(2012-05-05) Claims Based Authorization And Federation Explained The Easy Way
Posted by Jorge on 2012-05-05
I found the article below and I thought to post it here also. The credits about this post of course go to the original writer. However, I also took the liberty to make some comments on what the original writer has written. Those comments can be found throughout the text and are specified with [Comment From Jorge].
ORIGINAL SOURCE: SAML WebSSO & Federation Made Easy
This week I found myself on a SalesForce/SAML/Federation journey which turned out to be very enlightening. Until a few days ago I really had no idea how SAML or Federation worked and it took me a few hours to get my head around it, so I’m going to try explain SAML in a way that’s easy to understand.
SAML 2.0 (Security Assertion Markup Language).
- Company A (Service Provider – SP) has a web application
- Company B (Identity Provider – IdP) has a database of people who need to access Company A’s application
[Comment From Jorge]: Sometimes an SP is also called a Relying Party (RP) and an IdP is also called Claims Provider (CP). Don’t you just love all those standards!?
We have a few options here:
- Company A could create a new database of people with usernames and passwords within the web application
- We could synchronize the database of people including their usernames and passwords from Company B (IdP) to Company A (SP)
- We could make a link from the web application to Company B’s database of people and do lookups in real-time
- We could tell the web application at Company A to trust users who come from Company B
Options 1 through 3 are pretty crappy. Option 4 is called federation and it’s cool.
[Comment From Jorge]: Option 1 and 3 is indeed crappy. However, option 2 may be required when either the Claims Based Application (an application that understands and consumes claims) requires a representation of the user (a so called place holder account or a shadow account), such as for example Office 365, or a Token Based Application (an application that does not understand and also does not consume claims, but rather leverages Windows style authorizations) is being used.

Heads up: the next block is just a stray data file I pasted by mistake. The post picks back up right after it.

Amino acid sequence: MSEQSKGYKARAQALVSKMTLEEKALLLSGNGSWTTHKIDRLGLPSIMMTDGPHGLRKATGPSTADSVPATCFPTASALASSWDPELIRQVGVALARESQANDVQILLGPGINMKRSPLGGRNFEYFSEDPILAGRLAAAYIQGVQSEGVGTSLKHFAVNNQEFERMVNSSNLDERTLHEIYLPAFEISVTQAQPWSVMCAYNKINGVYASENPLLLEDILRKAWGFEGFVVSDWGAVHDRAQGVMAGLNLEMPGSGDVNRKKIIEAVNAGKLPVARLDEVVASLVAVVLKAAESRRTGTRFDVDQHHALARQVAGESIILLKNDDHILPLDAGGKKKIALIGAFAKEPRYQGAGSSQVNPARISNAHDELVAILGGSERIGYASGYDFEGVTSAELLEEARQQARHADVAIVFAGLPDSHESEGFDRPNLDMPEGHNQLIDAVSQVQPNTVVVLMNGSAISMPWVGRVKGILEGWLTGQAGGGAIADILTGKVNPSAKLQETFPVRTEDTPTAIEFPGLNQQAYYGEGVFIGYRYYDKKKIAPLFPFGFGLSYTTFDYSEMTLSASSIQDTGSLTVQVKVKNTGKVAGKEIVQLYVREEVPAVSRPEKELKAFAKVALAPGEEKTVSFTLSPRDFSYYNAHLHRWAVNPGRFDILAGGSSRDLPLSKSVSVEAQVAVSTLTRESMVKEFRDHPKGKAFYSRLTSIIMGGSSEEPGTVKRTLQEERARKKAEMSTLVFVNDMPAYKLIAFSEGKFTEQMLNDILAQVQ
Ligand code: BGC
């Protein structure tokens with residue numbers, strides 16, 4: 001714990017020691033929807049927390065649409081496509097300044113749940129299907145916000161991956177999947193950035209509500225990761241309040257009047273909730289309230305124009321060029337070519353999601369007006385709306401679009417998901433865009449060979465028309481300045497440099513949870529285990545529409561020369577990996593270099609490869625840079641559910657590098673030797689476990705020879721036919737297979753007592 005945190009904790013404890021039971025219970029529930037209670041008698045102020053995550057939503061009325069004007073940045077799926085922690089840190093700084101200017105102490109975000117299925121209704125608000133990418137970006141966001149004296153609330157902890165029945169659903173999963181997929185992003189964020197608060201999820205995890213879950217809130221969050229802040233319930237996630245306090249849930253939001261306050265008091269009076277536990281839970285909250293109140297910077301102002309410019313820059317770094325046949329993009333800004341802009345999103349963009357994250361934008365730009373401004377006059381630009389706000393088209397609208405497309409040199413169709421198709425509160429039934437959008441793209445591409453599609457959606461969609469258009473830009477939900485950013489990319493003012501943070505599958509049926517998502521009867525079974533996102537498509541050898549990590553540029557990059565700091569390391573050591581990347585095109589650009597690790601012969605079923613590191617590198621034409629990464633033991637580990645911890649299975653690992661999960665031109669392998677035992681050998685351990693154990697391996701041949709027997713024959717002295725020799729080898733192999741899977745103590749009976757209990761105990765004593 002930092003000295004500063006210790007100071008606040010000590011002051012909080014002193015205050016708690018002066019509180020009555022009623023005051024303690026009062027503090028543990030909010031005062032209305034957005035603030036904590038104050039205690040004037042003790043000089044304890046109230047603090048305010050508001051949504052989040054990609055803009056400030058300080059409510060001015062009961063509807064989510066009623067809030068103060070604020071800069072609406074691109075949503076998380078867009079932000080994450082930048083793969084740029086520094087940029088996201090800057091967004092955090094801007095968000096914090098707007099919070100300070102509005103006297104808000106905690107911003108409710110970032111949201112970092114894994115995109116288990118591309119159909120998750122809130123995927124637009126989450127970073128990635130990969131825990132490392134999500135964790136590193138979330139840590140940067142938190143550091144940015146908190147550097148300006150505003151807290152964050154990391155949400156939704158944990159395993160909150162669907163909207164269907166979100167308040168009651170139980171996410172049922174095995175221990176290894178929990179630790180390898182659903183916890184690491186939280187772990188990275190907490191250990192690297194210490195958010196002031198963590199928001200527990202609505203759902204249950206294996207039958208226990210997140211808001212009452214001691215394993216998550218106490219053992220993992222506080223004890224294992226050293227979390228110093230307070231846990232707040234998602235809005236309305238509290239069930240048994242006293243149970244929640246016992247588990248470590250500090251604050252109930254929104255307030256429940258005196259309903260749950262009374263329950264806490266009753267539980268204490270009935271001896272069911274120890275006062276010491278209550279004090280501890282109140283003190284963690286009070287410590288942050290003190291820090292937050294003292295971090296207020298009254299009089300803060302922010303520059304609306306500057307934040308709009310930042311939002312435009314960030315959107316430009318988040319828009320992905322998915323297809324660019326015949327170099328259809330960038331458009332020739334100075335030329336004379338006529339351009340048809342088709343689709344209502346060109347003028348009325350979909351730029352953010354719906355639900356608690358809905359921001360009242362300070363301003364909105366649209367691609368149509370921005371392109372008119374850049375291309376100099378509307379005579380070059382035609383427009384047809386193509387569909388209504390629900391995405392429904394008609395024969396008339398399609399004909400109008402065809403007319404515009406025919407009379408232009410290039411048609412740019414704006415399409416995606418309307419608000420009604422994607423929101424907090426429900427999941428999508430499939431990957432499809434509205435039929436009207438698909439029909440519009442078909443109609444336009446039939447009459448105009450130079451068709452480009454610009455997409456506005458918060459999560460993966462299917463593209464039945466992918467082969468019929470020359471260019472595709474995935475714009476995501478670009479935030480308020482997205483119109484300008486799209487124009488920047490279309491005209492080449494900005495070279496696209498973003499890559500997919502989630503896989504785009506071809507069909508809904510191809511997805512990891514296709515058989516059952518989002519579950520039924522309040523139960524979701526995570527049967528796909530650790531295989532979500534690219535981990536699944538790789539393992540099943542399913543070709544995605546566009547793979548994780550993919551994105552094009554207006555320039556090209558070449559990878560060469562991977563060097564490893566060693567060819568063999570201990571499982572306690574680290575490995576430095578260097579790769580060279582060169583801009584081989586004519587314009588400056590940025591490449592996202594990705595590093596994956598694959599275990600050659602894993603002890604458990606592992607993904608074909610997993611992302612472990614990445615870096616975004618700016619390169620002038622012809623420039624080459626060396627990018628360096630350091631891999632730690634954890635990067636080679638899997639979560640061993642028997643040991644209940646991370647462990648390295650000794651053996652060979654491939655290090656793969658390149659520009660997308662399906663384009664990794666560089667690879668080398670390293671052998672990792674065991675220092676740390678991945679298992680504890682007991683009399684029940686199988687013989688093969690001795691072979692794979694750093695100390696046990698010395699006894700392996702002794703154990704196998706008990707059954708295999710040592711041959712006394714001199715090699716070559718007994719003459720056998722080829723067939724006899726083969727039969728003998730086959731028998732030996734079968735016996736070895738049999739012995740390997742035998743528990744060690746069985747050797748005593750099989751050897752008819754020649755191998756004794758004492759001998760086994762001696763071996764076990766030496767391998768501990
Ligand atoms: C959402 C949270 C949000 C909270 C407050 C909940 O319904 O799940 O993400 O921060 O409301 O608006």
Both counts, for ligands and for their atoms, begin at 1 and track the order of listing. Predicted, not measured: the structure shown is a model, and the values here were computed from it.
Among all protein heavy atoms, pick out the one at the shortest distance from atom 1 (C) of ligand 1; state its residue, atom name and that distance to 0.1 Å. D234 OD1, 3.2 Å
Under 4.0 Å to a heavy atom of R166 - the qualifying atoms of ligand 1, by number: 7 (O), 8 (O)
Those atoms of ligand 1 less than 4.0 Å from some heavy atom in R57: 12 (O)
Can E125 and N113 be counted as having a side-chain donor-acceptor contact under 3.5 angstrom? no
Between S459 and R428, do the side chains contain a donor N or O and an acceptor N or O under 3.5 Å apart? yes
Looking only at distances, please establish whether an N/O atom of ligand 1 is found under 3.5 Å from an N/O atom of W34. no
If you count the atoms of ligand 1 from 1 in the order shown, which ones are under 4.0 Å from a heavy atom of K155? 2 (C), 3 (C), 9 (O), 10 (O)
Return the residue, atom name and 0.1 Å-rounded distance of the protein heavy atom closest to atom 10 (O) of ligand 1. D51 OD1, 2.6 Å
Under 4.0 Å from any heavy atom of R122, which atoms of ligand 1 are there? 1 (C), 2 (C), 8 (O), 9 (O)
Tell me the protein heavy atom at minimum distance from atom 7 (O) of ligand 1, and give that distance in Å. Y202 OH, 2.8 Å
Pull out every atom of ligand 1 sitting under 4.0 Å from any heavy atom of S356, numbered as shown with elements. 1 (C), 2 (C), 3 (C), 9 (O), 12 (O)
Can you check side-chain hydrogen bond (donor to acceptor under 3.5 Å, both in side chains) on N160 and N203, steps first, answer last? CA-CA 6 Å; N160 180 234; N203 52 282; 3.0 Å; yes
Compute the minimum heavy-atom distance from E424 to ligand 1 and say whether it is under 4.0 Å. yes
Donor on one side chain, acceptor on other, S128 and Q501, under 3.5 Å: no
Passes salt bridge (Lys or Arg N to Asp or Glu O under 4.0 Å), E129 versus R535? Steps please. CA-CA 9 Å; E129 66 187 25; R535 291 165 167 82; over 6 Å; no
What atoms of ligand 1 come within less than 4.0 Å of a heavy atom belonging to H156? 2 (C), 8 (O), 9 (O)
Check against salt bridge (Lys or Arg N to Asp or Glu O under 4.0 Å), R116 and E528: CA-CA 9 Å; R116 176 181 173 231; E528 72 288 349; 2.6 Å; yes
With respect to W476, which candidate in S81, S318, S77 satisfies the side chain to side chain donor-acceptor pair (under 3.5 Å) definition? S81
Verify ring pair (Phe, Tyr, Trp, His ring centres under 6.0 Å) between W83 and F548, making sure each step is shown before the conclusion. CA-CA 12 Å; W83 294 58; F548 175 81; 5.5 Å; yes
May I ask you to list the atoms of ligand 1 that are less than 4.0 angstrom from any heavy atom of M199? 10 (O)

Here’s what happens (part analogy, part reality):
Both companies have a pair of keys. A public key and a private key. Once something is locked with the private key only the corresponding public key can open it. Company A has a copy of Company B’s public key and vice versa.
[Comment From Jorge]: In this case we are talking about the so called token signing certificate (ADFS term, in other federation solutions it may be called differently). Whenever a Security Token Service (STS) issues a security token with all kinds of claims, the issuing STS signs the token with the private key of its token signing certificate. The receiving STS (in this case) or an application, that has a federation trust setup with the issuing STS, verifies the security token received from the issuing STS by using the public key of the issuing STS’s token signing certificate. So, with this I can now say that the federation trust is setup between STS’es through the token signing certificates on either side. The word “lock” used by the original writer is in my opinion incorrectly used. Another possibility is to encrypt the security token for additional protection (this is by the way not mandatory to setup a federation trust), but both sides of the federation must be able to support this. In that case the issuing STS encrypts the security token with the public key of the receiving STS’s encryption certificate and when the receiving STS receives the security token it should be able to decrypt the encrypted security token by using the private key of its token encryption certificate. Again the token encryption (or decryption) certificate term is an ADFS thing. I do not know if its called the same in other federation solutions.
A user in Company B (IdP) tries to access the web application at Company A (SP). The web application looks for a cookie in the user’s browser to see if he is already authenticated, he is not so the web application (SP) redirects the browser to Company B’s IdP, telling him – “Go and get a ticket!”